Serve your family a wide variety of vegetables and from all different parts of the plant – roots, stems, leaves, and seeds. The leaves, or greens, of some vegetables, such as beets and turnips, are equally nutritious if not more so than the veggie itself. These greens are high in beta carotene, fiber, vitamin E, calcium, and iron, but they contain only around 25 calories per serving (without added butter or oil).
FRESH OR FROZEN
How food is processed affects its nutritional quality. Generally, the less processing, the better. In nutrient value, fresh is better than frozen, and frozen is better than canned. But there are many exceptions. Much depends upon the time between harvesting, and freezing, and canning. A vegetable that is frozen or canned hours after harvesting may contain more vitamins than a fresh veggie that has had to travel across the country to market. There are various nutritional tradeoffs from packaging and processing. For example, canned and frozen vegetables contain more sodium. Frozen broccoli may contain more beta carotene, since the stalks have been removed, leaving only the florets in the package, but it will have less calcium and more sodium. As often as possible, serve fresh and frozen vegetables to your family, so they get used to the more varied and intense flavors.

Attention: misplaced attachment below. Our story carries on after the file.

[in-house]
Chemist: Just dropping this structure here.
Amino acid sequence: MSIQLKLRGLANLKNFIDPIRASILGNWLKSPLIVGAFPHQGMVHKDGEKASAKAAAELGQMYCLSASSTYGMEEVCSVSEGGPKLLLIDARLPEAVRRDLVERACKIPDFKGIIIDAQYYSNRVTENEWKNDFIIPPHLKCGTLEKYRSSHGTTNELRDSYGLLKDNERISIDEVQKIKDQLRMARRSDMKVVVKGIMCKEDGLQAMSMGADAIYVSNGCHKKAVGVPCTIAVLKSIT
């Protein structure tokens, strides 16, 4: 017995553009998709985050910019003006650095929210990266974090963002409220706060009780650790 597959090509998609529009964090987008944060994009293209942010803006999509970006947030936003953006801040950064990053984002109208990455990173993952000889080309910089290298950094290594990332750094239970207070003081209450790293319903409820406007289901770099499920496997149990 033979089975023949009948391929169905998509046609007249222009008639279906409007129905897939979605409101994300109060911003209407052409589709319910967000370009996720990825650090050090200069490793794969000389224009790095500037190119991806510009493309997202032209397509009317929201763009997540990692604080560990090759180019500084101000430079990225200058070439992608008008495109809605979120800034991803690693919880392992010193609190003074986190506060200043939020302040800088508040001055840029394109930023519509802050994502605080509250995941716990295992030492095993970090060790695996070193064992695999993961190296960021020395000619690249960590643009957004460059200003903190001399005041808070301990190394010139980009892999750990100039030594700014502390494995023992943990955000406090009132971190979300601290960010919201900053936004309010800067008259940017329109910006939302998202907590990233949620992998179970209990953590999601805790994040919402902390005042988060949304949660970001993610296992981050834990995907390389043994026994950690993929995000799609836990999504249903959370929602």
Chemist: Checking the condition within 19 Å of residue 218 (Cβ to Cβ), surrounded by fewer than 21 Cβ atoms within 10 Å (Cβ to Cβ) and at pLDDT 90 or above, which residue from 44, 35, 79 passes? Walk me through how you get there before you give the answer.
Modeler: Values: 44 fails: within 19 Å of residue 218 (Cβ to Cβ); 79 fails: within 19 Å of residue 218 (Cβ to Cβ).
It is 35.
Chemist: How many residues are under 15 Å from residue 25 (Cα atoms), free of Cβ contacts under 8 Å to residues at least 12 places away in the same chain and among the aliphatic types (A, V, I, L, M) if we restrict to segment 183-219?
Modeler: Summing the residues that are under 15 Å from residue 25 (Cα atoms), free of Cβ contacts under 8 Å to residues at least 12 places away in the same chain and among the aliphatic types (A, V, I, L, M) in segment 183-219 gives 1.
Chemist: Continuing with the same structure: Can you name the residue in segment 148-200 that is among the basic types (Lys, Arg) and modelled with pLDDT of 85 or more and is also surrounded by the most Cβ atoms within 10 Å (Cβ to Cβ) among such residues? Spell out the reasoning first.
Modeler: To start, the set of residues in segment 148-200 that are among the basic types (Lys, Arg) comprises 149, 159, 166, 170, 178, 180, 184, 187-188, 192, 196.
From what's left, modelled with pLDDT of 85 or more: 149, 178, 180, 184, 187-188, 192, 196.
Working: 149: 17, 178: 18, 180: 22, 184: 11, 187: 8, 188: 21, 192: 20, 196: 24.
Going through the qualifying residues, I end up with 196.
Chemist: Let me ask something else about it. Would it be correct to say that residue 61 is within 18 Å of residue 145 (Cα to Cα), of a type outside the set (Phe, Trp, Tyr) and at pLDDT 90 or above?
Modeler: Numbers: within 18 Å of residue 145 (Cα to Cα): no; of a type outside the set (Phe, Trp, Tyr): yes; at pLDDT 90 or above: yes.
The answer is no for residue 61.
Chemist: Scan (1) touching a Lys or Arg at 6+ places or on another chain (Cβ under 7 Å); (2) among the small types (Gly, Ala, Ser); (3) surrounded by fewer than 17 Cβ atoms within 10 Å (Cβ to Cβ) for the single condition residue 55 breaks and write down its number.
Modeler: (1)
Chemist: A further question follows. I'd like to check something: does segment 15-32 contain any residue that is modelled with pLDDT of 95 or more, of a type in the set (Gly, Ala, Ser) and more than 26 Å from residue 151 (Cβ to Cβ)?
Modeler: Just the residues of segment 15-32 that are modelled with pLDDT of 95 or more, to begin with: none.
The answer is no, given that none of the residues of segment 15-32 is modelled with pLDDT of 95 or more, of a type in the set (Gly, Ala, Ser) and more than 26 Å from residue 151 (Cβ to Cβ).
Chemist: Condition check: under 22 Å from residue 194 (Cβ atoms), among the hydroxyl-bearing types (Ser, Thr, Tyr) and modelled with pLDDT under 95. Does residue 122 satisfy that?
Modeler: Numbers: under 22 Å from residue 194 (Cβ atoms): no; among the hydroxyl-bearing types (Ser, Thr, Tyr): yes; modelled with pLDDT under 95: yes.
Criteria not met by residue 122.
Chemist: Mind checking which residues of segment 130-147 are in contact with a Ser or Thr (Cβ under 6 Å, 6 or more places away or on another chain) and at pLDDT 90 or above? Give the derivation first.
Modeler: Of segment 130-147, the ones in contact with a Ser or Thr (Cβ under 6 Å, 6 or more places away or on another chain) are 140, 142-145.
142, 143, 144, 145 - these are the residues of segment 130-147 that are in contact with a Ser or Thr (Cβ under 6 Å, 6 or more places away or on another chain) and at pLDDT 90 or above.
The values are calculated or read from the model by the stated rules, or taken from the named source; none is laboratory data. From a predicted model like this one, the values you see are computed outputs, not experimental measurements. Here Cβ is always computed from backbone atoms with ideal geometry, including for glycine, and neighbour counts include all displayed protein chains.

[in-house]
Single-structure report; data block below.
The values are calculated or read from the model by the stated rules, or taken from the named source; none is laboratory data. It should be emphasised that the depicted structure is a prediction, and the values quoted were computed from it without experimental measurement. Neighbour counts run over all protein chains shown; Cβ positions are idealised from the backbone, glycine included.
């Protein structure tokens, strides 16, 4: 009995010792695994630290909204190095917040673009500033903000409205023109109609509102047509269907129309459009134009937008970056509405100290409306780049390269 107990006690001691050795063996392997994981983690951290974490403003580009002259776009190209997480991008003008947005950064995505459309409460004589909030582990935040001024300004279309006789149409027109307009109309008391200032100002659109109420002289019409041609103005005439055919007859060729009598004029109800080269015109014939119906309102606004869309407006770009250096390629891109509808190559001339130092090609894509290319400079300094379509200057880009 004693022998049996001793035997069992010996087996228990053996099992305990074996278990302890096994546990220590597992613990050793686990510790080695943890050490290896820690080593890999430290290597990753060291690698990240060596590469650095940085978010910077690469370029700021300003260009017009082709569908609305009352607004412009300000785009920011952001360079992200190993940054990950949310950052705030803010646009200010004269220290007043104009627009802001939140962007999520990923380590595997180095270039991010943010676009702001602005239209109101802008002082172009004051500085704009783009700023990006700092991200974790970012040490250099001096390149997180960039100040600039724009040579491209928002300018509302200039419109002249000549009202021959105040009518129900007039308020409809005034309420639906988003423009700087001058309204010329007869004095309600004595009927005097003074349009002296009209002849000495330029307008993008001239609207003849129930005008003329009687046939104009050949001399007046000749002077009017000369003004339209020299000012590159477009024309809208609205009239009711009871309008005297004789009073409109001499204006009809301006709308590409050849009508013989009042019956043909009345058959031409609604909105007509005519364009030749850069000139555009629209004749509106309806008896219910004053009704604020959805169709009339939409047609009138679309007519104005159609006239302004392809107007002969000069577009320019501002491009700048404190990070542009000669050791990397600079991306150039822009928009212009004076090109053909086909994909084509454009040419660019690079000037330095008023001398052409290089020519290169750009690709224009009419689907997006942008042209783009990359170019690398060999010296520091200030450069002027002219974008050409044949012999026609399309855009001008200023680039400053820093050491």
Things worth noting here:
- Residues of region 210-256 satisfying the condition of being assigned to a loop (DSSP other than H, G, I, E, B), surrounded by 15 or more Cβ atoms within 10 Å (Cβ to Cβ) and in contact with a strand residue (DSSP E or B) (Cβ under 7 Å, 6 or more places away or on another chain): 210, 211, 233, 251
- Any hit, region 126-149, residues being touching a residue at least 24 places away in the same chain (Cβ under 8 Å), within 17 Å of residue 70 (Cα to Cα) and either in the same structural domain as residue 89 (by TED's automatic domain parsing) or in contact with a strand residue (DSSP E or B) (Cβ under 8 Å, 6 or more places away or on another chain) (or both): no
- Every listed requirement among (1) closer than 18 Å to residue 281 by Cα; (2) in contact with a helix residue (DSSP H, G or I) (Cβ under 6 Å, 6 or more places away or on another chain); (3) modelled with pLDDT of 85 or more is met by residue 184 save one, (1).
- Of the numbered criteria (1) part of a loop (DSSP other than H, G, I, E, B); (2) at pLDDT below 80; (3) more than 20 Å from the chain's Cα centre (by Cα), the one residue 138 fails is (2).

Steaming vegetables preserves a lot more of the nutrients and the fresh vegetable taste than boiling, which releases some value nutrients into the water. Consult a reliable cookbook to avoid overcooking. Cover them tightly so they don’t lose moisture. Perk up the flavor with seasonings rather than salt and butter. Try lemon juice, onion juice, honey, dill, cinnamon, nutmeg, basil, curry, oregano, and garlic. A bit of olive oil, a sprinkling of sesame seeds, or grated cheese add interest.
Savvy salad. When you’re creating a salad, remember that the darker the leaves, the more nutritious the salad. The paler the greens, the fewer nutrients there are. Spinach leaves are a much more nutritious alternative to iceberg lettuce. Romaine lettuce contains about three times the amount of folic acid as iceberg. Although most lettuces and salad greens are similar in the traces of B-vitamins and minerals they contain, there are differences. Here’s how salad greens rank, from most nutritious to least: spinach leaves, arugula, watercress, endive, romaine, bib, Boston, and iceberg.